You can talk about the effects of money, race, hereditary, migration, relatives, etc on your family. Give examples of each to illustrate your point.
Are you cautious, adventurous, thrifty, spendthrift, frail, or in good health? Identify personal qualities and give examples.
Here you can talk about the surprises in life. We are all subject to chance. Tell about accidents, running into old friends, winning a prize, etc.
Write topic-related essays on subjects like politics, religion, the environment, favorite author, scriptures, music, etc. Use experiences in your life to illustrate your conclusions about them. If you are thinking of creating a full-length personal history, you might consider including these personal essays. If, for example, you are writing about the death of a loved one, you could include an essay explaining your views about death. Click here for a list of possible topics to write about.
Tell of your struggles against adversities such as poverty, a physical handicap, lack of education, abuse, and etc. You don’t want to present yourself as not having any problems in your life to your decendents. If it appears that your life was without struggles, they may wonder what is wrong with you or themselves.
A Couple Personal History
Write a personal history from the standpoint of two people experiencing it together. Tell us how the couple was affected collectively not individually. When writing about your married life, for example, you might tell how your reactions affected the reactions of your spouse. You might tell how you both work together to create a business or worked together in some community improvement project. You could also focus on the natural interactions that come with raising children.
Personal History of a Family
Create a history about how a family developed over the years. You can describe how your family worked together to overcome poverty, loss of a parent, economic setbacks, immigration to a new country, war, etc. This can be about your own family or that of your parents, grand parents, etc. Here you're writing the history of the interactions of an entire family.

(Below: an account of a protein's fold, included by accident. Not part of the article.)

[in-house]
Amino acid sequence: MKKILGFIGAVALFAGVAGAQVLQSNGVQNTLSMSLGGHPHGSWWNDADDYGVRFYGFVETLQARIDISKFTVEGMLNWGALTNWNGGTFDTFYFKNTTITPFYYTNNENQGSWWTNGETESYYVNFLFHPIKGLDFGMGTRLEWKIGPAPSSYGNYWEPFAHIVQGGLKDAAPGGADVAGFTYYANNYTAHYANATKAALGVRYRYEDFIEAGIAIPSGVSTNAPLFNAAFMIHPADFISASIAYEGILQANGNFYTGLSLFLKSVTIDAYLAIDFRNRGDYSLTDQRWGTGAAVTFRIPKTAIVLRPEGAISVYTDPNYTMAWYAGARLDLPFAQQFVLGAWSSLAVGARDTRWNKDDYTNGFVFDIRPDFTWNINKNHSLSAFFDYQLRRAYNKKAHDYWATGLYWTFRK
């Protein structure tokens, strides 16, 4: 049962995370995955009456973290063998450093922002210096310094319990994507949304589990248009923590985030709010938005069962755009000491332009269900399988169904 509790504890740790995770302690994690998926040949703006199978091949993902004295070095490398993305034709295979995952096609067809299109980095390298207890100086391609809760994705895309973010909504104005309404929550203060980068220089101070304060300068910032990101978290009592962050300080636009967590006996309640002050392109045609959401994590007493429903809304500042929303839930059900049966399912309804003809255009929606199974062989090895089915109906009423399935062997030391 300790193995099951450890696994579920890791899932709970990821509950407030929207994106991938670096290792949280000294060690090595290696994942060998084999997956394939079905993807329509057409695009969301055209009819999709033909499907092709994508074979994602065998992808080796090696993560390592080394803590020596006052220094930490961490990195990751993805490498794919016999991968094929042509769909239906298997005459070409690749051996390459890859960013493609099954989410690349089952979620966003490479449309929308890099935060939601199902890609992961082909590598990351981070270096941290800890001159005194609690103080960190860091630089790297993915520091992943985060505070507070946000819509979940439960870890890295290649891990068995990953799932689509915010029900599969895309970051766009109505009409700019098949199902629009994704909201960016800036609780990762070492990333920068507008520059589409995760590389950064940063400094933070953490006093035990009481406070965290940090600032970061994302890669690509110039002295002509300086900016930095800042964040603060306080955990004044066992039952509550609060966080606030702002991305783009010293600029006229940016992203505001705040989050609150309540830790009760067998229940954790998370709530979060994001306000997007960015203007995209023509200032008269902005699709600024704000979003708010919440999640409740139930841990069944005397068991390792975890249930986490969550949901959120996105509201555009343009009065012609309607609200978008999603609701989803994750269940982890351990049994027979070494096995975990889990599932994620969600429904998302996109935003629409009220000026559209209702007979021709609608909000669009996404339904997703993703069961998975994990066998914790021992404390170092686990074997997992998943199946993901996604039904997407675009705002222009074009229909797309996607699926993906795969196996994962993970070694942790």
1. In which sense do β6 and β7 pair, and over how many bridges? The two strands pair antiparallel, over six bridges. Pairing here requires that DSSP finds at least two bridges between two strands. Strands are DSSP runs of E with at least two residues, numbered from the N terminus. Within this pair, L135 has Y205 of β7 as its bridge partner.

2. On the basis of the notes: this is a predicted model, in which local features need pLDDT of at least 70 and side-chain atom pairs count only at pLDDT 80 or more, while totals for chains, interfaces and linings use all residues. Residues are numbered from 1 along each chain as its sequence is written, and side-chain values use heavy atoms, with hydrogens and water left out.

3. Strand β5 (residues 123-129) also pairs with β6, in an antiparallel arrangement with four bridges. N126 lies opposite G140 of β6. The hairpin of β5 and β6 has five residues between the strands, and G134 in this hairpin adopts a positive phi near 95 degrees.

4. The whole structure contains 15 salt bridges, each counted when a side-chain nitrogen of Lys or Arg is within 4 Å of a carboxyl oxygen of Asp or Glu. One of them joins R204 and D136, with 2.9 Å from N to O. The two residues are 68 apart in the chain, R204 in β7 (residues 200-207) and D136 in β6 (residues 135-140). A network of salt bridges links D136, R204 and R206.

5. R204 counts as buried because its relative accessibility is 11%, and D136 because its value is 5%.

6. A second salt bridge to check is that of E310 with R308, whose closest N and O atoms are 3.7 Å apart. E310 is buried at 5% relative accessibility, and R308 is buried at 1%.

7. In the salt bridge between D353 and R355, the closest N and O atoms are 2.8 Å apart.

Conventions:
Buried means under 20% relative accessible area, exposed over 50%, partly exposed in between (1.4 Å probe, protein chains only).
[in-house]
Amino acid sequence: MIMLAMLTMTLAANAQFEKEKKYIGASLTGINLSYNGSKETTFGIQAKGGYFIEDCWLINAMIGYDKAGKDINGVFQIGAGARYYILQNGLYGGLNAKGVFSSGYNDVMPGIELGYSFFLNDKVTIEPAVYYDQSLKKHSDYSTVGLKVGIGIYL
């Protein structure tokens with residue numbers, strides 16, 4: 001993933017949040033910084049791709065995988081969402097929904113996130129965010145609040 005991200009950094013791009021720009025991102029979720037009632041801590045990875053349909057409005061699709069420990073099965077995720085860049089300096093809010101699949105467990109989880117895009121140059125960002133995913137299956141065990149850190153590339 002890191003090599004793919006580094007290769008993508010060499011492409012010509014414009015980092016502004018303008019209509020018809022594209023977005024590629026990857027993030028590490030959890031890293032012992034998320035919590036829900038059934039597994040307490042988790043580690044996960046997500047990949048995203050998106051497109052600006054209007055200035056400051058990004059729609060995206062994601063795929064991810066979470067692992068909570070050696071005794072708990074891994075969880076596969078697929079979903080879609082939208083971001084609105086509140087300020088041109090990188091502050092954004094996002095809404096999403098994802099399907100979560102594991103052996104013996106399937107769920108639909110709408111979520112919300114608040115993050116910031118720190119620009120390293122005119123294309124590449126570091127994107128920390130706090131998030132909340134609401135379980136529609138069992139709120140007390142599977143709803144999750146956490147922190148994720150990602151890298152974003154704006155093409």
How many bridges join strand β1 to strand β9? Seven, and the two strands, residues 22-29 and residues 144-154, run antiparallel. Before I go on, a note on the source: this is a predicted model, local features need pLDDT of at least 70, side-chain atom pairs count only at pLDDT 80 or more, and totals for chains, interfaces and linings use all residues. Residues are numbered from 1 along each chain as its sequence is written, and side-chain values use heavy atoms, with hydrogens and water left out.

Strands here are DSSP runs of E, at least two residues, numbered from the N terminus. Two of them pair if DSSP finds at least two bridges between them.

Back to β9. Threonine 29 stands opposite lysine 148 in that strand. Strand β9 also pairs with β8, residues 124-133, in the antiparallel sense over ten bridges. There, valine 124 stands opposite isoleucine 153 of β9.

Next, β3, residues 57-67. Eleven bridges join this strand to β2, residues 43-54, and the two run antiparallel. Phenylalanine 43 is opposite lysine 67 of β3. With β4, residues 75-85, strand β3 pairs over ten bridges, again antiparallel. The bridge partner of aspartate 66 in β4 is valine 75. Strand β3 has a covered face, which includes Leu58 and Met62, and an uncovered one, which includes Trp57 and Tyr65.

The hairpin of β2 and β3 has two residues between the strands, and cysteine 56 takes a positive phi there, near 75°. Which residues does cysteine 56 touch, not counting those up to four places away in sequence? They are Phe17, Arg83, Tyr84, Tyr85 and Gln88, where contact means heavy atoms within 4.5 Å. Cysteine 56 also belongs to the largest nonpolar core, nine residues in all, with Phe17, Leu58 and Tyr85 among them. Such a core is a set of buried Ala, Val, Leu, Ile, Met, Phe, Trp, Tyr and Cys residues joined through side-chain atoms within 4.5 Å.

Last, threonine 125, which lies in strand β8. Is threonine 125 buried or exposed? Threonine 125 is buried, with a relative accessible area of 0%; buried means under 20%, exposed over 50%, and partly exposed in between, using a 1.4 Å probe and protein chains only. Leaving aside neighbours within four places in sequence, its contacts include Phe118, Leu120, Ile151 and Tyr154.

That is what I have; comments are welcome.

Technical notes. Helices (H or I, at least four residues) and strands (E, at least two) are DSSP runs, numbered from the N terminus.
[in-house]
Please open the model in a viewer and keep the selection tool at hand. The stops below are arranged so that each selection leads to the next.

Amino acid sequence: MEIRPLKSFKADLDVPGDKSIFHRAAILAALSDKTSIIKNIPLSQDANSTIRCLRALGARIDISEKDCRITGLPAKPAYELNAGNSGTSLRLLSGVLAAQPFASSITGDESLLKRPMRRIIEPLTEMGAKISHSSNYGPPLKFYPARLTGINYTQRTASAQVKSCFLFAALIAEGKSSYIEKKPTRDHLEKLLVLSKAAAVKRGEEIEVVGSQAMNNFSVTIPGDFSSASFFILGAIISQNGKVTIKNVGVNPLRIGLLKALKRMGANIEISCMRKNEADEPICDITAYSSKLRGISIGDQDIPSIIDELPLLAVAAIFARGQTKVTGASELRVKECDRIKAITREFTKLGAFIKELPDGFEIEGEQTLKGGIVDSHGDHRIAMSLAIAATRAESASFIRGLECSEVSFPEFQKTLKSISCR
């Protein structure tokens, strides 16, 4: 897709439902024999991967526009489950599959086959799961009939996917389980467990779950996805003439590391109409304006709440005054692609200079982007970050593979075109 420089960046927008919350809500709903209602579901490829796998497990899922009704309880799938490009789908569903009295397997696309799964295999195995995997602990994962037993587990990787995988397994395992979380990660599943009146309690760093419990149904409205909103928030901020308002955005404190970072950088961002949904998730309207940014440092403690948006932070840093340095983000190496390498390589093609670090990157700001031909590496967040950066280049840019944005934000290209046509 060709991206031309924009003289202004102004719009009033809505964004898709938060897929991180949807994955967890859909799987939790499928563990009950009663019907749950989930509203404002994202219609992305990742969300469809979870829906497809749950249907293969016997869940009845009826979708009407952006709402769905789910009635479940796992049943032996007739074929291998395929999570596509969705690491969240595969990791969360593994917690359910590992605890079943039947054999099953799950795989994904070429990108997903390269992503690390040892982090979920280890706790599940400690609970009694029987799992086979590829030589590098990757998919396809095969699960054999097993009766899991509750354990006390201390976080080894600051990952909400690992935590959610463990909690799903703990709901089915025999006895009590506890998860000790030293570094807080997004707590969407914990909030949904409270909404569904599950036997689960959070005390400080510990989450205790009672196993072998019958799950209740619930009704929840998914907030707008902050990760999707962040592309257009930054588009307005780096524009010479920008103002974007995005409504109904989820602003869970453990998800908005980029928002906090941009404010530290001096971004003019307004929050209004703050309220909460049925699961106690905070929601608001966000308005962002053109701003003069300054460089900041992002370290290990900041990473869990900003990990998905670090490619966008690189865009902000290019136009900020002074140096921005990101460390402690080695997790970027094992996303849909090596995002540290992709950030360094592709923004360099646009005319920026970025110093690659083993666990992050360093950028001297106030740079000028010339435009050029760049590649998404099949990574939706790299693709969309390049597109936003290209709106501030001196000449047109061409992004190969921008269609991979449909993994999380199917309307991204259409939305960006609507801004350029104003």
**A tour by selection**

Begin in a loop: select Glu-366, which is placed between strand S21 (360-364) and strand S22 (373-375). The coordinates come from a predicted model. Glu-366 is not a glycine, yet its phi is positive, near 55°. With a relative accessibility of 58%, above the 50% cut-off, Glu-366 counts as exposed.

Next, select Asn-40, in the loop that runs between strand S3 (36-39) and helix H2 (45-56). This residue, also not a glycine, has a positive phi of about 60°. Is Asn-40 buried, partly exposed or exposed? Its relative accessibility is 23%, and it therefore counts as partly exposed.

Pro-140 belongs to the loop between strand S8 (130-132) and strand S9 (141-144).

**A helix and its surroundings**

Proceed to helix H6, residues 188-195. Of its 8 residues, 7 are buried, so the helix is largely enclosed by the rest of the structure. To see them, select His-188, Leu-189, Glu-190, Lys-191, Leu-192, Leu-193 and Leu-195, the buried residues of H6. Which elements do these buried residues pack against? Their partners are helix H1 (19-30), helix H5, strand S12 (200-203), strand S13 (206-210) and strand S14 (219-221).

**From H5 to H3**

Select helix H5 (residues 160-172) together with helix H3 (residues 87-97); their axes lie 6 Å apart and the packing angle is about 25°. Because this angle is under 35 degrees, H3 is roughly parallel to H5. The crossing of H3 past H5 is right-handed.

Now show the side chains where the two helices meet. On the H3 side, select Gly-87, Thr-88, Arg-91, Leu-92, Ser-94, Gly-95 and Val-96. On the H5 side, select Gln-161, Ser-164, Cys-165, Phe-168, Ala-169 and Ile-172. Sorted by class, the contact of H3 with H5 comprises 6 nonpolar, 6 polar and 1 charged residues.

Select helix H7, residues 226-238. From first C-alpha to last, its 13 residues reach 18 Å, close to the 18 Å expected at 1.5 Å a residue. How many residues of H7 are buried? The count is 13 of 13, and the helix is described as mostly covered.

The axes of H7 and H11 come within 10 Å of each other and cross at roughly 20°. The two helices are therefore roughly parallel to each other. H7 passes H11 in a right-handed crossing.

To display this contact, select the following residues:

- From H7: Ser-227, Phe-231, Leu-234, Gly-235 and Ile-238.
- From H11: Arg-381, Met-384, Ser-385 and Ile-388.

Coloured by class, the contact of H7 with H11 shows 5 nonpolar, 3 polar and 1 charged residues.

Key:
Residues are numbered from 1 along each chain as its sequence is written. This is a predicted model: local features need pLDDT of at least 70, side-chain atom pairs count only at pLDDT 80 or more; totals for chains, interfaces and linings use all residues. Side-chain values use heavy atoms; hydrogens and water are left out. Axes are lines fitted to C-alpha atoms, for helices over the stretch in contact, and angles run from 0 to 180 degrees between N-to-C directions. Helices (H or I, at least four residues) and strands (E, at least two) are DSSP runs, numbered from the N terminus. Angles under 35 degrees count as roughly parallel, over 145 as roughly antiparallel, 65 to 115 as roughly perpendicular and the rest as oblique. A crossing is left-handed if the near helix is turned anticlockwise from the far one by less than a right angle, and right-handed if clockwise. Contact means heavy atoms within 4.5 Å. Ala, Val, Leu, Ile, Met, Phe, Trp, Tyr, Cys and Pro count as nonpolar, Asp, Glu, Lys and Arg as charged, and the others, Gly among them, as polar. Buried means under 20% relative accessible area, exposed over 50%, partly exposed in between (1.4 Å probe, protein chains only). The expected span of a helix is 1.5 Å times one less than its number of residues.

Questions and Answers
Instead of writing a regular autobiography, pick the questions from Creating a Personal History in this wiki. Write down the ones you want to address; putting your answer under them.
Subjects For a Topical Personal History
The following are topics that you might want to comment on. These items will probably reveal more about you to your descendants that any other effort you'll make. Takes notes before you write. Put together an outline of what you'll cover on each of the items you want to touch on. Then write. Enjoy the ride for you'll feel like a spectator as the words come from the end of your pen.
- What makes me happy?
- What makes me sad?
- Relationships - husband and wife
- Sadness and Sorrow
- What afflictions have taught you
- Do I think of myself as having good looks?
- What I have you learn from others?
- What are my personal fears?
- What are my greatest strengths?
- Education of children
- Education of adults
- What are my passions?
- What is a waste of time?
- How to overcome challenges
- Who is in control of your destiny?
- How we should speak to each other?
- Growing old
- Eating habits/culinary preference
- Physical appearance
- Favorite authors
- Favorite scriptures
- Economic status
- Armed Forces